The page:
Test Drives

Toyota C-HR review: Here at last

Borneo Motors has taken a long time to import the Toyota C-HR. Is the official version of the car worth the wait?

SINGAPORE — Remember when we all thought the Honda HR-V was radical looking? Now it looks more as if it was put on Earth to prepare us for this, the Toyota C-HR.

The newcomer is most definitely a family car built with real world practicality in mind (it has five doors and five seats) but looks more like it escaped from Toyota’s concept cars department.

Bodily, the C-HR is a mash-up of coupe, crossover and hatchback, and it offers a feast of interesting details. The rear door handles are mounted up high, for instance, and the sills of the car carve up into the flanks to make the body look less slab-sided.

The roof bleeds into a prominent spoiler, before blending with those wild taillamps that flare out so prominently.

To anyone who’s ever accused its maker of being boring and unadventurous, the C-HR is Toyota’s tongue, firmly out of cheek.

Mind you, as futuristic as the C-HR looks, you’re probably used to the car’s styling by now.


C-HRs have prowled the streets for more than a year, thanks to parallel importers and private-hire operators who put them on the road for Gruber drivers.

You’re only seeing one on CarBuyer now is because an official machine, meaning one sold by Borneo Motors, has only just become available.

It’s being sold here in two trim levels, both of which have a 1.2-litre turbo that drives the front wheels through a Continuously Variable Transmission — the basic Active model and, for S$17,000 more, the Luxury version that we drove.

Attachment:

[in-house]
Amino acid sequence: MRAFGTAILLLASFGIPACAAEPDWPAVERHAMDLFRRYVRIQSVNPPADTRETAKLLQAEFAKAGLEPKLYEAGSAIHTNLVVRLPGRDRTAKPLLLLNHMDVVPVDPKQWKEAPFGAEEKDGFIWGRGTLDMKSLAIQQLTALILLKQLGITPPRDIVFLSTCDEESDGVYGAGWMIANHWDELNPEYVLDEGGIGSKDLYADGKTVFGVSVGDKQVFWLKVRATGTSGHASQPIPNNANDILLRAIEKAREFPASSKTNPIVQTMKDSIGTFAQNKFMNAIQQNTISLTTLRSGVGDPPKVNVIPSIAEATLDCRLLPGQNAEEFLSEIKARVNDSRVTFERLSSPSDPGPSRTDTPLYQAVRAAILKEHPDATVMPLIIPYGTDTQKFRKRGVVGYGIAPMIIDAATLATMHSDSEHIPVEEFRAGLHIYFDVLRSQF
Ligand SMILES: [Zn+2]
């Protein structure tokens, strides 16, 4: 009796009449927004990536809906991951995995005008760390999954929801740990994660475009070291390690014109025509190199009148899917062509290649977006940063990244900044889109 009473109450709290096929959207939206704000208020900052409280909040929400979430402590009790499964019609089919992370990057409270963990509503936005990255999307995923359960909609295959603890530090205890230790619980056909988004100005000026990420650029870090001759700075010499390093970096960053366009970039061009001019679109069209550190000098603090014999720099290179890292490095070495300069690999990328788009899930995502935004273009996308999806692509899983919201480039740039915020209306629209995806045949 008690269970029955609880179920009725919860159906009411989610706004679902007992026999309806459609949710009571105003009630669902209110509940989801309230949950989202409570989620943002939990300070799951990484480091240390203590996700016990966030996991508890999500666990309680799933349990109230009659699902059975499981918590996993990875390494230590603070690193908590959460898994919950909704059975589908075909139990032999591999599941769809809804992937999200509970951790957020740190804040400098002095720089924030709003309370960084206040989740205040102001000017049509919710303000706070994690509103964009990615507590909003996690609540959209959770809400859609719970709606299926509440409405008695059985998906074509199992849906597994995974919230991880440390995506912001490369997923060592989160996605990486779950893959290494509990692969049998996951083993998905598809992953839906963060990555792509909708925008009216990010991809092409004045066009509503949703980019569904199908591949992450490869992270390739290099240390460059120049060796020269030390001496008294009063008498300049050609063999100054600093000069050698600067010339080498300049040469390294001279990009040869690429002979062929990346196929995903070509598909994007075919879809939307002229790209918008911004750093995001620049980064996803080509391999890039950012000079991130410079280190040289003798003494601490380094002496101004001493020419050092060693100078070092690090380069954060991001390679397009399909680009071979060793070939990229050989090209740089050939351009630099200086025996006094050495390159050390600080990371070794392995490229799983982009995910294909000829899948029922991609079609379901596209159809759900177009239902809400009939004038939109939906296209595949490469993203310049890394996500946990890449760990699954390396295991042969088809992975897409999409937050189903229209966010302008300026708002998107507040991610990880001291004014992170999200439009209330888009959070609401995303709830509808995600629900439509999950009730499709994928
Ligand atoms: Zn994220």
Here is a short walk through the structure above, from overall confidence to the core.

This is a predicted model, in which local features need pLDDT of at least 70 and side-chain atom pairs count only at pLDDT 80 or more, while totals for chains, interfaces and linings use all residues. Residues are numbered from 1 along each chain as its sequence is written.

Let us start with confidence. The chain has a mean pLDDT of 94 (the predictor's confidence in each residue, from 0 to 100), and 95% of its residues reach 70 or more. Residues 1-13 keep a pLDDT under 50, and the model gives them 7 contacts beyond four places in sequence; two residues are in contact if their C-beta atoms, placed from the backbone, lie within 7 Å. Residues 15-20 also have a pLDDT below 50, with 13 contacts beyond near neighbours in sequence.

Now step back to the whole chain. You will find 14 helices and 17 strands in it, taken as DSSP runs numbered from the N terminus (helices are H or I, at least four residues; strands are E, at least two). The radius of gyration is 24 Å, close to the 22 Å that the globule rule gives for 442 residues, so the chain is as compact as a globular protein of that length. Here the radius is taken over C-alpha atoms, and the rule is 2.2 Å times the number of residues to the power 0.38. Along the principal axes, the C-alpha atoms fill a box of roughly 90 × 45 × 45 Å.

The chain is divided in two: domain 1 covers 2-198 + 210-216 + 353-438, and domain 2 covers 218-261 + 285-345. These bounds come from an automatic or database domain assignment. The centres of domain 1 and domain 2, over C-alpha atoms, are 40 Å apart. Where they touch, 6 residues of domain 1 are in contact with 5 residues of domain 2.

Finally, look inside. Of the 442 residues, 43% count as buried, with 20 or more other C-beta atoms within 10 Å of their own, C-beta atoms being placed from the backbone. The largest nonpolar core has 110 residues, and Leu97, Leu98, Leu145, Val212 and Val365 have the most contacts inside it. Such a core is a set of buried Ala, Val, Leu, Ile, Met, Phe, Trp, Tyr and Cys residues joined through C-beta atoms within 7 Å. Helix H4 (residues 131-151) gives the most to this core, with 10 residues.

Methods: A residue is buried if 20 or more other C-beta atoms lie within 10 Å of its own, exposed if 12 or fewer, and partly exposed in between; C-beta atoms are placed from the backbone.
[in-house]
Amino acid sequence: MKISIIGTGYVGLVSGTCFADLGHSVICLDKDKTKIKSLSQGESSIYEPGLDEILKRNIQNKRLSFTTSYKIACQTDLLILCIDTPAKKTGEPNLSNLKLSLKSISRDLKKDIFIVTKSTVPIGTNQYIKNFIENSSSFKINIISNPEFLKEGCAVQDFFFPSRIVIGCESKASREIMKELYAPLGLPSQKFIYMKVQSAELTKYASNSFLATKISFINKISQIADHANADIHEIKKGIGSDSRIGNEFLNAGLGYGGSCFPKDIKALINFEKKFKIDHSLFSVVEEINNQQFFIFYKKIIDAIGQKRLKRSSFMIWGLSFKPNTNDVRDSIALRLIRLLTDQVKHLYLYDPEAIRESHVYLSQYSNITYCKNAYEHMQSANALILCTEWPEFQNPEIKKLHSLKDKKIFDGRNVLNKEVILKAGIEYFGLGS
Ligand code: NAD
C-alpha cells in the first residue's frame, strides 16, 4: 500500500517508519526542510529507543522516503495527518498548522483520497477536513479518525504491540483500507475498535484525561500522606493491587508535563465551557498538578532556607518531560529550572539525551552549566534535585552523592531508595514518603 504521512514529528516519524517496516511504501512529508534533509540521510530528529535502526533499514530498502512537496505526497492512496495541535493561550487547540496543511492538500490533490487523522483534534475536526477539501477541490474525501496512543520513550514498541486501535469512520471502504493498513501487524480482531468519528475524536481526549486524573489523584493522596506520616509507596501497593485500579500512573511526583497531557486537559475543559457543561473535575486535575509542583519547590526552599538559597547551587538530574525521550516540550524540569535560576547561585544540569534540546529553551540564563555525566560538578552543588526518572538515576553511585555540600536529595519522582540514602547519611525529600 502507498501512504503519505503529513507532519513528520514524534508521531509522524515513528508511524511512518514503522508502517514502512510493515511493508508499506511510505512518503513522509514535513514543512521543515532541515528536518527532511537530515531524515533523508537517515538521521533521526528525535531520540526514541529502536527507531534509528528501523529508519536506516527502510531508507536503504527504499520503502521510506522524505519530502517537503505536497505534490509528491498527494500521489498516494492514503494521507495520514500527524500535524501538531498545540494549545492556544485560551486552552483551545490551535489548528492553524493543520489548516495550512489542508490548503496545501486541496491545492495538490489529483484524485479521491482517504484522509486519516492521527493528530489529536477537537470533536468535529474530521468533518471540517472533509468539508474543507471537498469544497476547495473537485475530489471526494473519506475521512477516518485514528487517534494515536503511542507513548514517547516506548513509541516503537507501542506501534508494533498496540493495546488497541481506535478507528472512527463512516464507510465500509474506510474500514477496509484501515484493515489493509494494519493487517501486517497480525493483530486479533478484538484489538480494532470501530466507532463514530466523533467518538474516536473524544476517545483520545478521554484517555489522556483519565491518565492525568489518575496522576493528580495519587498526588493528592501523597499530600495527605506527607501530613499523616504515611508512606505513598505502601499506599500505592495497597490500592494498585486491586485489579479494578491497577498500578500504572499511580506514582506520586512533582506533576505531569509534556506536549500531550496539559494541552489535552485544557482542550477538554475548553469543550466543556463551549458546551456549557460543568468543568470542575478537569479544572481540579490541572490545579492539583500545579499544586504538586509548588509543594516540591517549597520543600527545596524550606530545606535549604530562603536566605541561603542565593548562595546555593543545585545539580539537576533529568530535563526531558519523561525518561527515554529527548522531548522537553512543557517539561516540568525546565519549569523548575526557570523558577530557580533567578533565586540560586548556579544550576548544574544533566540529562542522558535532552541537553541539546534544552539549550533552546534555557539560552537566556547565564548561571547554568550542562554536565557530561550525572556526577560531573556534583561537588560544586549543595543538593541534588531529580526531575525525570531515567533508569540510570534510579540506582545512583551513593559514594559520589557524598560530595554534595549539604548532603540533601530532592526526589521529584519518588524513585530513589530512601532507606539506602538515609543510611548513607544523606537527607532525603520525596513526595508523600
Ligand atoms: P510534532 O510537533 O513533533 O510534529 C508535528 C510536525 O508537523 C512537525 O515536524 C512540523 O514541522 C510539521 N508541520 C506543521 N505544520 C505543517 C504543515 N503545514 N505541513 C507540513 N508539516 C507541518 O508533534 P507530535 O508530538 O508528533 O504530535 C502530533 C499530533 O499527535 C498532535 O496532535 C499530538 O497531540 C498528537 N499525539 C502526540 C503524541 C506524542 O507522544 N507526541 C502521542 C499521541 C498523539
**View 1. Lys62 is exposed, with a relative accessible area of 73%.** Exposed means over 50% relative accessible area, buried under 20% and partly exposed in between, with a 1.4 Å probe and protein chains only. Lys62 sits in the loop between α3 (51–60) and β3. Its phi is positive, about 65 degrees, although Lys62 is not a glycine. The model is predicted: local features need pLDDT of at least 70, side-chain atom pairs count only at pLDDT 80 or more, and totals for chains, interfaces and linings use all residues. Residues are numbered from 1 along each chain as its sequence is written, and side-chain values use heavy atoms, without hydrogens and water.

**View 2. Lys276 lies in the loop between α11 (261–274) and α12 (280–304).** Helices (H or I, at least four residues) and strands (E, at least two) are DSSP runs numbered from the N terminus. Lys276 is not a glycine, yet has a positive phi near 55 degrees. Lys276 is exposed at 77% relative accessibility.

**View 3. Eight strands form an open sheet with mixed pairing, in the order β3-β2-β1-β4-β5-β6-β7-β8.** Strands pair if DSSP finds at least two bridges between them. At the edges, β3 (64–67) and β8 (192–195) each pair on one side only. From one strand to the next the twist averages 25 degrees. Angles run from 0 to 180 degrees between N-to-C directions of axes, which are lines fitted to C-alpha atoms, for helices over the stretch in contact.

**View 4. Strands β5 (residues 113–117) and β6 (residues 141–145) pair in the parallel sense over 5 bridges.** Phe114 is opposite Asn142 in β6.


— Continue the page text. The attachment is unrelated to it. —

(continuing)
The two-tone roof you see on our demo mule, by the way, is a S$1,000 option only available with the Luxury model.

There actually isn’t a huge amount of difference between the two; cosmetically the Luxury model is distinguished by its LED lamps front and rear, with winky style turn signals.

There are some differences in cabin trim, but the Luxury model’s leather upholstery is probably the more meaningful difference (the Active model has cloth seats).

The extra money also buys a keyless entry and button start feature, along with a navigation system.

In spite of the car’s bold looks, you shouldn’t expect fireworks from behind the wheel. The engine is obviously sized for economy, with a CVT chosen for the same reason.

But if you ask it to pull hard, the little turbo engine does try its best, and it can feel admirably peppy when your right foot is heavy.

If the engine is an eager beaver, the handling is less enthusiastic. Our test car wore Dunlop eco tyres that let go fairly early and protested just as readily, discouraging any sort of play as a result.

Mind you, that’s not to say the C-HR handles badly; even at the limit it doesn’t hold any surprises and carries itself in a benign, predictable way. It’s just a car that prefers to be driven sedately.

In fact, there’s a certain well-mannered aspect to the Toyota. It’s quiet in most situations, and the suspension doesn’t rattle occupants.

Crossover cars often feel jiggly, and sure enough the C-HR will let you feel more of the road’s surface than, say, a Prius, but it’s not an uncomfortable car to be in.

It’s not one for claustrophobes, however. The Toyota isn’t cramped inside but the back does make occupants feel closeted, thanks to the way the rear windowsills sweep up to meet the roof.

Things are much nicer up front, where there’s a driver-focused cockpit with controls that fall easily to hand, in typical Toyota fashion.